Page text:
Exploring the Potential Distinction Between Continuous Traumatic Stress and Posttraumatic Stress in an East African Refugee Sample

Article Authors: Tobias Hecker, Herbert E. Ainamani, Katharin Hermenau, Eva Haefele and Thomas Elbert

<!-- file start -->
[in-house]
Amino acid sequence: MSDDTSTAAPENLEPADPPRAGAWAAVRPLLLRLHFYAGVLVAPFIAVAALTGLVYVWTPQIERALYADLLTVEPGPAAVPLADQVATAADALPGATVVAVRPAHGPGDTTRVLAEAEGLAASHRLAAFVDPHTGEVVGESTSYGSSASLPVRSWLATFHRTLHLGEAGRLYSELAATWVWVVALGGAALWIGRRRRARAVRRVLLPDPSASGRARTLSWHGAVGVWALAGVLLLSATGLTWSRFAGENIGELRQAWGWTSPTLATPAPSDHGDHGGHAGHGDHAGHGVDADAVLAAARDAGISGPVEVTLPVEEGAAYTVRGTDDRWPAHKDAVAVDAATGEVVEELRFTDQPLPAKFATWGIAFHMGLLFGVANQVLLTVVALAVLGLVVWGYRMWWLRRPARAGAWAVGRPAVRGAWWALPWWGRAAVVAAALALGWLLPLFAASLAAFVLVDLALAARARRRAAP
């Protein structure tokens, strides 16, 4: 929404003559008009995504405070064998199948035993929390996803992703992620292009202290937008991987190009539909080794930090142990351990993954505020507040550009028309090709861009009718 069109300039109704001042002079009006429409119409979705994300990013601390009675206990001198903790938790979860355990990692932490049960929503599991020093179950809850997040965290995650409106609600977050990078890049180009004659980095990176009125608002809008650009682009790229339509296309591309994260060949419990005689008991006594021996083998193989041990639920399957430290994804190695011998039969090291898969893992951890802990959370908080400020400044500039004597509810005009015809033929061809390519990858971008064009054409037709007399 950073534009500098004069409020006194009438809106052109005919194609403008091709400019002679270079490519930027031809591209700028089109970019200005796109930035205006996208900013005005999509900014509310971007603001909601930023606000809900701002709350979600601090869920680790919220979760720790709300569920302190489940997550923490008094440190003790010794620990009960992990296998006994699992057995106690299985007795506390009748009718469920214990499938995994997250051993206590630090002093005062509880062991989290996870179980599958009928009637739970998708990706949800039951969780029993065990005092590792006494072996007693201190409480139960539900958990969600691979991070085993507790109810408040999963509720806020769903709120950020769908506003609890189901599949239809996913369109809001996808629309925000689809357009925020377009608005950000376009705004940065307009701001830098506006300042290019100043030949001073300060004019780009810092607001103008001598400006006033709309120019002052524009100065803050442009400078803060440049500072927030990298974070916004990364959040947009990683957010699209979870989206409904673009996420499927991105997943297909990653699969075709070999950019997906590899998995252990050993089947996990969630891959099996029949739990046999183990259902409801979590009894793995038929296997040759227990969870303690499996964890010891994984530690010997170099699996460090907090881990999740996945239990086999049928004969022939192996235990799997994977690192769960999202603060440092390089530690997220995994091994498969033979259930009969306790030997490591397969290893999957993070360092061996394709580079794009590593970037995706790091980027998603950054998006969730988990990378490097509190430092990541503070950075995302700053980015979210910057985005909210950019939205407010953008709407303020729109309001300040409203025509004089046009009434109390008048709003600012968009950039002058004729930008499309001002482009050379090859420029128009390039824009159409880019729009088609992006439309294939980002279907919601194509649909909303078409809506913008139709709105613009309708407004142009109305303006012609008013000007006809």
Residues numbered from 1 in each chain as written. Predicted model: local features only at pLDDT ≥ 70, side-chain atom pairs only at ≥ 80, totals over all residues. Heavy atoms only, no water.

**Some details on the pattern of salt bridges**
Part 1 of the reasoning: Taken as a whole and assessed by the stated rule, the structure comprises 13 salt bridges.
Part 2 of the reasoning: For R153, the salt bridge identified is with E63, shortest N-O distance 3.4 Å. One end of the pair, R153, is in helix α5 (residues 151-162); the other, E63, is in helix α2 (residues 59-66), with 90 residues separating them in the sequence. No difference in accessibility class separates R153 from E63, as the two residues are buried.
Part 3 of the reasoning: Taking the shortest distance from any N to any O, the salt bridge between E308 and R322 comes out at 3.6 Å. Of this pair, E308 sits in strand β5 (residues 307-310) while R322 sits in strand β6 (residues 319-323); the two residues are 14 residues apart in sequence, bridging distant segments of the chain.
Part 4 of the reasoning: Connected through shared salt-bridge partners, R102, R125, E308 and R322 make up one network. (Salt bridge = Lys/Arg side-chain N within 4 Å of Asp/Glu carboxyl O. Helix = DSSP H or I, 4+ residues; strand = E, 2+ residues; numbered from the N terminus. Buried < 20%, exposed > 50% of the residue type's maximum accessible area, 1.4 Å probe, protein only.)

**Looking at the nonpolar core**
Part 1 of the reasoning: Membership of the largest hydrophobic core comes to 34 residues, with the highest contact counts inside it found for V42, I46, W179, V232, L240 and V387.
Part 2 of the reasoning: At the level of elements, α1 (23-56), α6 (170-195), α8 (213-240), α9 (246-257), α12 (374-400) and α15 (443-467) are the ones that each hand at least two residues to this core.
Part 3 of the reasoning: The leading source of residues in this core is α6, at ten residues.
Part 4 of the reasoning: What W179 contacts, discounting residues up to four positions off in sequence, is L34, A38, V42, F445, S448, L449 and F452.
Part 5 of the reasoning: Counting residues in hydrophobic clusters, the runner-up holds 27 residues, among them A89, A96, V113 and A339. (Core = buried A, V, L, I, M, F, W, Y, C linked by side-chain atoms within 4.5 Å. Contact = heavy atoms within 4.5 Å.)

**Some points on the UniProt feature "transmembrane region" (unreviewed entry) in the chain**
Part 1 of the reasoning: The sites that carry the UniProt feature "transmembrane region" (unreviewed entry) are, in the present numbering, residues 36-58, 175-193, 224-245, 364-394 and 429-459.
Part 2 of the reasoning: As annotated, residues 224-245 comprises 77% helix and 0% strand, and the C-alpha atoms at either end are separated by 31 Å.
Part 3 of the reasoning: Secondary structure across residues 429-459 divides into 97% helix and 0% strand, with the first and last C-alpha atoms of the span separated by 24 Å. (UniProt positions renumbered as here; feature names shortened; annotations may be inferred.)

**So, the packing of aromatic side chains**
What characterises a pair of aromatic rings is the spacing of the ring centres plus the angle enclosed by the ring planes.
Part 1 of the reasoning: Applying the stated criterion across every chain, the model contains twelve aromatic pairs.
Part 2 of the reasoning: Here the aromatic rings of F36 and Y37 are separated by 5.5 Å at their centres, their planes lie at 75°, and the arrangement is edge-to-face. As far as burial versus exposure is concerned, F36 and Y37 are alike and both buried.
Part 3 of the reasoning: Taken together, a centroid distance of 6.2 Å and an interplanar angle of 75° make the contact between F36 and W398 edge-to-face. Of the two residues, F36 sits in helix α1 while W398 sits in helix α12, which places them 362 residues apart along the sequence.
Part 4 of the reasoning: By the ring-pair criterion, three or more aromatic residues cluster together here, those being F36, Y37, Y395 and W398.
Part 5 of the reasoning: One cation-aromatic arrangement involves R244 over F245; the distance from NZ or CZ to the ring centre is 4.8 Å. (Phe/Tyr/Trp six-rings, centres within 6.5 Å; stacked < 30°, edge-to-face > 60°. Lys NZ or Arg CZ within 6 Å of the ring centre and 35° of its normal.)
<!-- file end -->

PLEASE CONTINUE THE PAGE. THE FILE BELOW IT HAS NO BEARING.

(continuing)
Post-traumatic stress (PTS) indicates a continuous stress response that persists though threats to life had been experienced in the past. However, threats to life are frequently ongoing. For these contexts, the concept of continuous traumatic stress (CTS) has been put forward. Based on structured clinical interviews with Congolese refugees (N = 226), this study investigated the CTS concept and whether it can be distinguished from PTS. We found that current exposure to violence correlated positively with concerns about its recurrence in the CTS group (r = .46). An ANCOVA indicated that higher intrusion symptom severity in the PTS group (no symptom reduction under safe conditions) was explained by higher lifetime trauma exposure (?2 = .125). In contexts of continuous trauma exposure, symptom-like responses may be regarded as appropriate responses to realistic danger. In these contexts, the possibility that symptom changes are a response to real threats should be considered to avoid overestimation of PTSD prevalences.

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